Director for Chinese adaptation of Shinya Shokudo responds to harsh criticisms of show

By Wei Xi and Huang Jiangrui Source:Globaltimes.cn Published: 2017/6/16 14:11:49

Photo: Xinhua

Remaking a classic is always a challenge. 

While few are able to surpass the original work, not many of them have become total disasters like Midnight Food Store,  the Chinese TV adaptation of Japanese manga Shinya Shokudo. The Chinese TV drama's director, Tsai Yueh-Hsun is known for successfully adapting a Japanese manga into Chinese TV dramas - Meteor Garden in 2001. 

As of Thursday afternoon, a total of six episodes of the 40-episode drama have been released. With a rating of 2.3/10 on Douban, it has become one of the worst reviewed works on the website so far. 

To respond to the doubts and skepticism from the audience, Tsai accepted a one-on-one interview with the Global Times via Wechat on Friday. 

Japanese copycat?

Manga Shinya Shokudo has many adaptations, including four seasons of a Japanese TV drama, two Japanese films, one Korean TV drama and now a Chinese TV version. 

While the Japanese TV drama Midnight Diner received high praises from the Chinese audience - all four seasons have been rated 8.5/10 or higher on Douban - the Korea version has a lukewarm 6.8/10, and the Chinese adaptation is rated extremely low,  2.3/10 from 45,954 viewers.  

Most of the criticisms focus on the lack of originality of the Chinese version, saying it is a complete copycat: The setting is a Japanese style izakaya, the owner wears a Japanese style chef costume, and a few supporting characters have the same name and story as their Japanese counterparts.  

Talking about his encounter with the Japanese story, Tsai said a Japanese friend had repeatedly recommended it to him  and then, he became obsessed with it.  

"When I was introduced to Shinya Shokudo, I already knew a Japanese TV drama was being made, but I still want to make my own because I saw something intriguing from the manga: Through such a restaurant and its host, we see the various lives and the beauty in them ... I think it's important to show the audience there can be  such beauty in life through a TV drama," Tsai said. 

Aware of the criticisms of the show, Tsai emphasized that Midnight Food Store is adapted from the manga not the Japanese TV drama, and there was an in-depth discussion about the set, costume, cuisine and characters for the show. 

"We had thought about Chinese restaurants like a hot pot restaurant or a street side restaurant, but none of them is the appropriate setting for scenes described in the original Japanese story, like when the host stands in the middle surrounded by all the guests. People are more dispersed in Chinese restaurants," the director explained. 

As for the costume of the host, Tsai explained that they found many Chinese cooks dress in a similar style and wear white most of the time.    

However, Tsai kept some of the details from the original Japanese series. "These are crucial to the story," he said, adding that the scar on the host's left eye is kept because the manga's author Abe Yarô insisted.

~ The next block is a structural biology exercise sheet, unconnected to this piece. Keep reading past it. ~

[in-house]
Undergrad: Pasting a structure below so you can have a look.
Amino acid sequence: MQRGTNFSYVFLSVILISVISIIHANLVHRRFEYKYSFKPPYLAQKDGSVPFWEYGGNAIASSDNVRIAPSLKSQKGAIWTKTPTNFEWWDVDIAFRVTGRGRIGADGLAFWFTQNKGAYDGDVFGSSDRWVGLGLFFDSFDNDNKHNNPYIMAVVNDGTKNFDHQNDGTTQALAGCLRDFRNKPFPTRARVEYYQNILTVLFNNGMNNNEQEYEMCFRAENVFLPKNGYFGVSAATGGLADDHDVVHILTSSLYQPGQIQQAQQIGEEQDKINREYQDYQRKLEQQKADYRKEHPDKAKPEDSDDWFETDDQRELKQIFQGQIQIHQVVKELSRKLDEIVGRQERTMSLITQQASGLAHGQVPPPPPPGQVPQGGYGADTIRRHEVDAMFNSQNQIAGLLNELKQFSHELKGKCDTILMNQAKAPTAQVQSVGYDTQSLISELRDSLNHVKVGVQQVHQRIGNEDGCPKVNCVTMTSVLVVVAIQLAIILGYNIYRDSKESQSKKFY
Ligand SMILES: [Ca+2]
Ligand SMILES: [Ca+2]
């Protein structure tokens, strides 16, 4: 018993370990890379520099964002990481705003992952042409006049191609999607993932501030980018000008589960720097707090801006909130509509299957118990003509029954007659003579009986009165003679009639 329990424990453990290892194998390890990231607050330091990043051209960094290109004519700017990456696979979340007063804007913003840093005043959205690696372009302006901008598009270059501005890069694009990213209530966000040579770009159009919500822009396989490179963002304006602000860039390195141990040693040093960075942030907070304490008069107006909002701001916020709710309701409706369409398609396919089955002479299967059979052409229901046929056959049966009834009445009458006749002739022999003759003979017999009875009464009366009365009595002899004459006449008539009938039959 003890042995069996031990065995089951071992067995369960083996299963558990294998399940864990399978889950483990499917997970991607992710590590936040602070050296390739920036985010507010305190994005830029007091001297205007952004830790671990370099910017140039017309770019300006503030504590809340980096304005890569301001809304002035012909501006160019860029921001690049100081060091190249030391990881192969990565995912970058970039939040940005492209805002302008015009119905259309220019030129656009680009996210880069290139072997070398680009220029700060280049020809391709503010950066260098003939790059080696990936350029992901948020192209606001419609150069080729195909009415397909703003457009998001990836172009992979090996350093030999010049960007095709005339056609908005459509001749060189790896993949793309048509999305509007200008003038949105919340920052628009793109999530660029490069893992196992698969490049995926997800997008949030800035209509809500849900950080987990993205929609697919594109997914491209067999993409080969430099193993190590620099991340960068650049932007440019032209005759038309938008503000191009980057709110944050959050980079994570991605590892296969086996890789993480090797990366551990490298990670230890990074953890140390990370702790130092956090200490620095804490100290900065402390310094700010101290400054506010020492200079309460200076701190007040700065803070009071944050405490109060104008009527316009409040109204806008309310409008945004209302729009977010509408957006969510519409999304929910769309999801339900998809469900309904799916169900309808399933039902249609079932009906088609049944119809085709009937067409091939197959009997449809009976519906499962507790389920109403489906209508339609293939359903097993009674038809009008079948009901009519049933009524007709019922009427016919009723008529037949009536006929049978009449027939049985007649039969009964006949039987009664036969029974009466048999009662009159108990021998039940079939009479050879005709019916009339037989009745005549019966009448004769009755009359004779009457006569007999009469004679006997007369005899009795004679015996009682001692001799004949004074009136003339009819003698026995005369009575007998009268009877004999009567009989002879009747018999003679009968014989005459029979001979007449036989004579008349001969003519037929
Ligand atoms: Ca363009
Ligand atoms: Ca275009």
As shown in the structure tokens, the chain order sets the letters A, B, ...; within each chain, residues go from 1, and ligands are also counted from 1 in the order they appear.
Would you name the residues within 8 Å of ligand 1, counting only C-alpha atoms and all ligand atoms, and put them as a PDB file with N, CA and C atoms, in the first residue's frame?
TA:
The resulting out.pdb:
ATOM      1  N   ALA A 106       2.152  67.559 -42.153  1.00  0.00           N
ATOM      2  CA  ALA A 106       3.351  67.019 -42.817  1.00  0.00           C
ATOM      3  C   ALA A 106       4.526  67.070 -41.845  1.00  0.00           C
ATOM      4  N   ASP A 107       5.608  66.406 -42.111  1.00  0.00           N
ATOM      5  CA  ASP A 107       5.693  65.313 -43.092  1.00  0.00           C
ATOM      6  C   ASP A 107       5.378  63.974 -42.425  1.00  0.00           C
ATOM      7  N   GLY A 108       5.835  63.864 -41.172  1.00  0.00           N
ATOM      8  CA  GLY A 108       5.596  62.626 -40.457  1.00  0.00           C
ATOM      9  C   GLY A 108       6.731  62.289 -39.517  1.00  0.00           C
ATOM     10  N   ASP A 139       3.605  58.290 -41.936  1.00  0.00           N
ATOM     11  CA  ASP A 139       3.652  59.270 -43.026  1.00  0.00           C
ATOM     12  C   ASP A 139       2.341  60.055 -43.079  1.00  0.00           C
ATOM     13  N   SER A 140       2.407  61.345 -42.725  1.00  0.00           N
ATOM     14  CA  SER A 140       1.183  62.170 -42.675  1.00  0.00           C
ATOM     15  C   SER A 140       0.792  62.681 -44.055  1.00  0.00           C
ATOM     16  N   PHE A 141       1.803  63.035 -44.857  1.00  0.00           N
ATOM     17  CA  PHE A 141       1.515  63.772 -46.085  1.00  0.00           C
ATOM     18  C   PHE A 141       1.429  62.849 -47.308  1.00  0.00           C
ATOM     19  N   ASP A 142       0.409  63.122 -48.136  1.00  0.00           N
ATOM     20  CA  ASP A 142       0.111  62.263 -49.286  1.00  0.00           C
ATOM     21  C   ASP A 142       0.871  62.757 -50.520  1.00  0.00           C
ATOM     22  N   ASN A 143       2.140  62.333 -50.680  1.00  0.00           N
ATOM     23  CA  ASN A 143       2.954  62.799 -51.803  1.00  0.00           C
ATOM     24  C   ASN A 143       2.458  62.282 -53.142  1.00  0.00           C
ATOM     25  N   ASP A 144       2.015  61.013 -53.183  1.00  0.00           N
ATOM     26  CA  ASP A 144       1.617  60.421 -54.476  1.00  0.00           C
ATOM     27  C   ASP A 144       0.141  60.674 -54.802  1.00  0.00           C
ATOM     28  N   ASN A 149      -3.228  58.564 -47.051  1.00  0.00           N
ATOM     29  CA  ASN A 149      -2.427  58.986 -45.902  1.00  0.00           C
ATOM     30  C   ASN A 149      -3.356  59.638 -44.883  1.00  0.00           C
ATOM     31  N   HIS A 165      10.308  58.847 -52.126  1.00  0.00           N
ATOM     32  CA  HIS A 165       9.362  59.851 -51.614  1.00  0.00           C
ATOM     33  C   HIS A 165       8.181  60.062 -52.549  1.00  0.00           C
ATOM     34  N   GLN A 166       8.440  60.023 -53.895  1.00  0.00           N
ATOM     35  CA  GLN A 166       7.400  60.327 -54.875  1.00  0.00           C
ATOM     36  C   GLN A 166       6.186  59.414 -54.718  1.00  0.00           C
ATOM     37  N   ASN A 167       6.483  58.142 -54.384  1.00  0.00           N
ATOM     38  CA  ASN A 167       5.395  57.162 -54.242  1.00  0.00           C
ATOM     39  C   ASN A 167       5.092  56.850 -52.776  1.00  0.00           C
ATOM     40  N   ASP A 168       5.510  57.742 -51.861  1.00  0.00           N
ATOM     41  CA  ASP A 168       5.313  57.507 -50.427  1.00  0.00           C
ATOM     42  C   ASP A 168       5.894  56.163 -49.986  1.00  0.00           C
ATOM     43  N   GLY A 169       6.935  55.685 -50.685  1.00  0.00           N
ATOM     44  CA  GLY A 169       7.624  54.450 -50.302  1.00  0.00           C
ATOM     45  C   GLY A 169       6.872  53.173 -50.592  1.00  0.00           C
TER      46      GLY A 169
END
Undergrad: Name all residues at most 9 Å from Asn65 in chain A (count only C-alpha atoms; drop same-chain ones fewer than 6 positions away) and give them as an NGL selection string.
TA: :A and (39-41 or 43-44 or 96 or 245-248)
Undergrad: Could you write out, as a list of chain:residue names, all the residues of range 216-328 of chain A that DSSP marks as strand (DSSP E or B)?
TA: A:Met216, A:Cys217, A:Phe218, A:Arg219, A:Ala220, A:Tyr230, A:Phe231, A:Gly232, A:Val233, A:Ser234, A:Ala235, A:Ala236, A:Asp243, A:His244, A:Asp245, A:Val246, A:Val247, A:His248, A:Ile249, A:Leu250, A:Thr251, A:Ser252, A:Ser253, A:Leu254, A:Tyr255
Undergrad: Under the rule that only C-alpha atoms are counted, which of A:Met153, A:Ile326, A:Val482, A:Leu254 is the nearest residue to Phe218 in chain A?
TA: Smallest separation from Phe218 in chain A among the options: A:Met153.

"He had four demands for the adaptation," Tsai told the Global Times. "The first is to keep the scar in the same place."

"I asked him why but he gave me no answer except a smile," Tsai continued. "I think it might be related to a special memory or an important person."  

Other demands from Abe include do not create any back story for the host, provide only the simple and homely cuisines and the patrons must be as common as possible, even if they might be from the upper class. 

Photo: Xinhua

Too many ads

There are also complaints about the numerous product placements, mocking Midnight Food Store as nothing but a long TV advertisement. 

According to the blog Yule Zibenlun, altogether 20 brand names appear in the 40-episode TV drama, and the first four episodes already saw 2,842 seconds of advertising time. 

Admitting the TV drama has too many ads, Tscai said that he had protested but compromised under pressure. 

"I can't even edit them out [after the shooting]," the director said, adding that he often mocks himself that he has fulfilled his early dream of becoming a commercial director. 

Now a few Chinese netizens are proposing what they think are better representations of midnight cuisine in China such as barbecue stalls and street food restaurants. However, some think the main issue is not where the stories  take place but who is adapting these stories to the small screen.  

Tsai is among the group of Taiwan TV show producers who are now going north to cooperate with their peers in the mainland. While Hong Kong film directors once experienced maladjustments in similar cooperation, there have been doubts from the audience that if the Taiwan TV producers are going through a similar phase. 

"It is not my first cooperation with the mainland," Tsai said. "The maladjustments are not serious. We only differ on our storytelling methods and the way we present the details. Therefore, we rely on more people to work on the details and to provide more counsel. We will need more opportunities to get to know each other for better cooperation," Tsai added. 



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